Request To Revise Applicability
Three commenters request that the applicability of the proposed rule be revised.
The first commenter requests that the proposed applicability be revised to apply to all Model 747-400 series airplanes, not just specific line numbers as written in the applicability section. The commenter states that some of its recent deliveries of Model 747-400 series airplanes had the upgraded IRU's installed at delivery, and those line numbers are not included in the current applicability of the proposed rule. The commenter also notes that it is possible that one or more of the upgraded IRU units were replaced with an older IRU after the airplane went into service; therefore, it is the commenter's intent to accomplish the proposed requirements on all of its Model 747-400 series airplanes.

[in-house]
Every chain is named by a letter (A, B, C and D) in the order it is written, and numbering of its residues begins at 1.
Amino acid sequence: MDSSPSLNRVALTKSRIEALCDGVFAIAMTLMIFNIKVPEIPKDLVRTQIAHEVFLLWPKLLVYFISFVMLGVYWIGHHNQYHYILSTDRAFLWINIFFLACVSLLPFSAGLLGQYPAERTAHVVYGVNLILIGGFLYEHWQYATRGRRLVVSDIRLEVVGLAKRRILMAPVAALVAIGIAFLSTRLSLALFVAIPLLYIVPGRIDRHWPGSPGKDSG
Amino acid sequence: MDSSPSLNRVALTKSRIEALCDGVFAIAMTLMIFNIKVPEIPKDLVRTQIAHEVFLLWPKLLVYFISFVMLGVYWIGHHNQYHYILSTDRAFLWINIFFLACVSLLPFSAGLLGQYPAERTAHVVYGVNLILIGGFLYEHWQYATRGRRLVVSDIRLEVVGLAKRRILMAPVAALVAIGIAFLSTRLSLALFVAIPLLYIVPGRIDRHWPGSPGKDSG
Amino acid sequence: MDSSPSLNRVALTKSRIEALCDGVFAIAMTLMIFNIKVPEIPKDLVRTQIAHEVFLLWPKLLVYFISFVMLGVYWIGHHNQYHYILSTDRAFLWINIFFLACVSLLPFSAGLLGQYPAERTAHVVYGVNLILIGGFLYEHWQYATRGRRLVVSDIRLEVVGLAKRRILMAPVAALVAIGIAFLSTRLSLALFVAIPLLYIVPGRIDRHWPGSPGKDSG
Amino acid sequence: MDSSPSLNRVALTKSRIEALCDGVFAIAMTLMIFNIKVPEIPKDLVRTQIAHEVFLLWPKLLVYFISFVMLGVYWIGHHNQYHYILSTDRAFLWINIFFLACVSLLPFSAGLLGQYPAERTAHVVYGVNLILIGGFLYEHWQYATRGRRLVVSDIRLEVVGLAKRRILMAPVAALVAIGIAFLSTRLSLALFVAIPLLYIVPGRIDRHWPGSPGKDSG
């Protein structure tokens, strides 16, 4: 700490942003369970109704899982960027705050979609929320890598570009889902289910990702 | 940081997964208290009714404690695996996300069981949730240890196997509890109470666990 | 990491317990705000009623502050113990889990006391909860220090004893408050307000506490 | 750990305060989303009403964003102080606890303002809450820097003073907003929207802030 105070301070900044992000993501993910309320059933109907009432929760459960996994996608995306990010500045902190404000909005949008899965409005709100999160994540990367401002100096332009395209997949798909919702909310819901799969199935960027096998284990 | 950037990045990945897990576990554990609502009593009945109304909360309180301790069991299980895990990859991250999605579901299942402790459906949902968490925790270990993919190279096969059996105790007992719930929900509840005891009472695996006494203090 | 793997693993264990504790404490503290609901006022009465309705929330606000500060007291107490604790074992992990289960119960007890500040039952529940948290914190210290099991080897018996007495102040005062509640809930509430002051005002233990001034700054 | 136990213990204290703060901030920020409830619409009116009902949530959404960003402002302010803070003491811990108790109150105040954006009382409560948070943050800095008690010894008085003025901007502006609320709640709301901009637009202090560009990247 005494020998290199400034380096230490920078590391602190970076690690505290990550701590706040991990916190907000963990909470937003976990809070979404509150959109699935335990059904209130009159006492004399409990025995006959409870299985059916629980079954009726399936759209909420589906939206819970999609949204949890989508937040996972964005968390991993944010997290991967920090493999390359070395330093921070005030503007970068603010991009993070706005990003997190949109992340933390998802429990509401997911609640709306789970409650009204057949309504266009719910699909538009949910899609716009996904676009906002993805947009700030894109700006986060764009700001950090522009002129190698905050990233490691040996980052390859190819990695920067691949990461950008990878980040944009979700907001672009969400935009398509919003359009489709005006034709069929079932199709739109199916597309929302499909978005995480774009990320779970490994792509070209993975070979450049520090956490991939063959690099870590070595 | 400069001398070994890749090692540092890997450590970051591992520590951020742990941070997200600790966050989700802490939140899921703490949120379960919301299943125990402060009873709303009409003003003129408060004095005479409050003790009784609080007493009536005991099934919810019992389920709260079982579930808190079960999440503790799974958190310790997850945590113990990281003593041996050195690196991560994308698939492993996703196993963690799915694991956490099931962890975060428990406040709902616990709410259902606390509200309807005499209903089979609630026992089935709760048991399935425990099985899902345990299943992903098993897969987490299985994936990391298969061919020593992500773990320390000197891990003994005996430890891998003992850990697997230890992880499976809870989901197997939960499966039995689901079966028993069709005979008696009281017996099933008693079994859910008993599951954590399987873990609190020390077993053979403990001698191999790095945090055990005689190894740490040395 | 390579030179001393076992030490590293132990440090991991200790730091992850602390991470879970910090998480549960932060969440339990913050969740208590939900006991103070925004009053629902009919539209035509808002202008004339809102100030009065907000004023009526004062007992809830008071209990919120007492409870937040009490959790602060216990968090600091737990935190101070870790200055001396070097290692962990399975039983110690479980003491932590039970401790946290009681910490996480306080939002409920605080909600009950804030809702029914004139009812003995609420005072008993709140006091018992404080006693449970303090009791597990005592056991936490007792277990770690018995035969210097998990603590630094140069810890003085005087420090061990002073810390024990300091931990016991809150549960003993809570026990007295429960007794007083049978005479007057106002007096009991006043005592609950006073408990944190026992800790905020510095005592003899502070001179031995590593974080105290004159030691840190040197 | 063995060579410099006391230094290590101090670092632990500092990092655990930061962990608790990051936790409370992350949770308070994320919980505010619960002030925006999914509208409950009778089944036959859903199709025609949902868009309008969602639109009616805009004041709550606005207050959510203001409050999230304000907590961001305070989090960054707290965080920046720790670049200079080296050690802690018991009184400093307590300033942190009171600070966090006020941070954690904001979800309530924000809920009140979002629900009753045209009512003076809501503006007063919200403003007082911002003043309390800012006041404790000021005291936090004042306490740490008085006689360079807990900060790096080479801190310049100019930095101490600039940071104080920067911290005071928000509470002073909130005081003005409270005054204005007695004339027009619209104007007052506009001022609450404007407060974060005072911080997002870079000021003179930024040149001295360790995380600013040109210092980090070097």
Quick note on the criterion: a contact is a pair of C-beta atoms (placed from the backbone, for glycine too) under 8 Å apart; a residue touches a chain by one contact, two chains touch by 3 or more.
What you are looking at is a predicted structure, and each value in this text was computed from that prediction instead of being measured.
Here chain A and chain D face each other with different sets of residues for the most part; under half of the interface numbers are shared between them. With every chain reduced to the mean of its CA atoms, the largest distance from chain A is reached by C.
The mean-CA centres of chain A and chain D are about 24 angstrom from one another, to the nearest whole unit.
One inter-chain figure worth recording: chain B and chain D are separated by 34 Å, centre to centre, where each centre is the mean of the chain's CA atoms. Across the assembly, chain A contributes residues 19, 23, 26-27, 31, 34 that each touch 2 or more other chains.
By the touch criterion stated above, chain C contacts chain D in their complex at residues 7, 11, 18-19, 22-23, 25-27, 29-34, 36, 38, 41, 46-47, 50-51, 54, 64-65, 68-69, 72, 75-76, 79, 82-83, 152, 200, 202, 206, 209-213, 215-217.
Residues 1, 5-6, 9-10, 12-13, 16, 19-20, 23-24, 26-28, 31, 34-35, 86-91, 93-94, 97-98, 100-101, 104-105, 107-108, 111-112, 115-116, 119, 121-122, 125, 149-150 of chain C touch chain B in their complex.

The second commenter requests that the statement “certain Boeing Model 747-400 series airplanes,” in the preamble of the proposed rule be revised to read, “all Boeing Model 747-400 series airplanes equipped with Honeywell inertial reference systems.” The commenter notes that explicitly stating this up front in the proposed AD provides clarification of the airplanes affected by the proposal. The commenter also recommends identifying a second grouping in the applicability section to make the spares requirement [paragraph (b)] applicable to all Model 747-400 series airplanes.
The third commenter states that some Model 747-400 series airplanes not specified in the proposal may have had replacement IRU's installed that should be modified.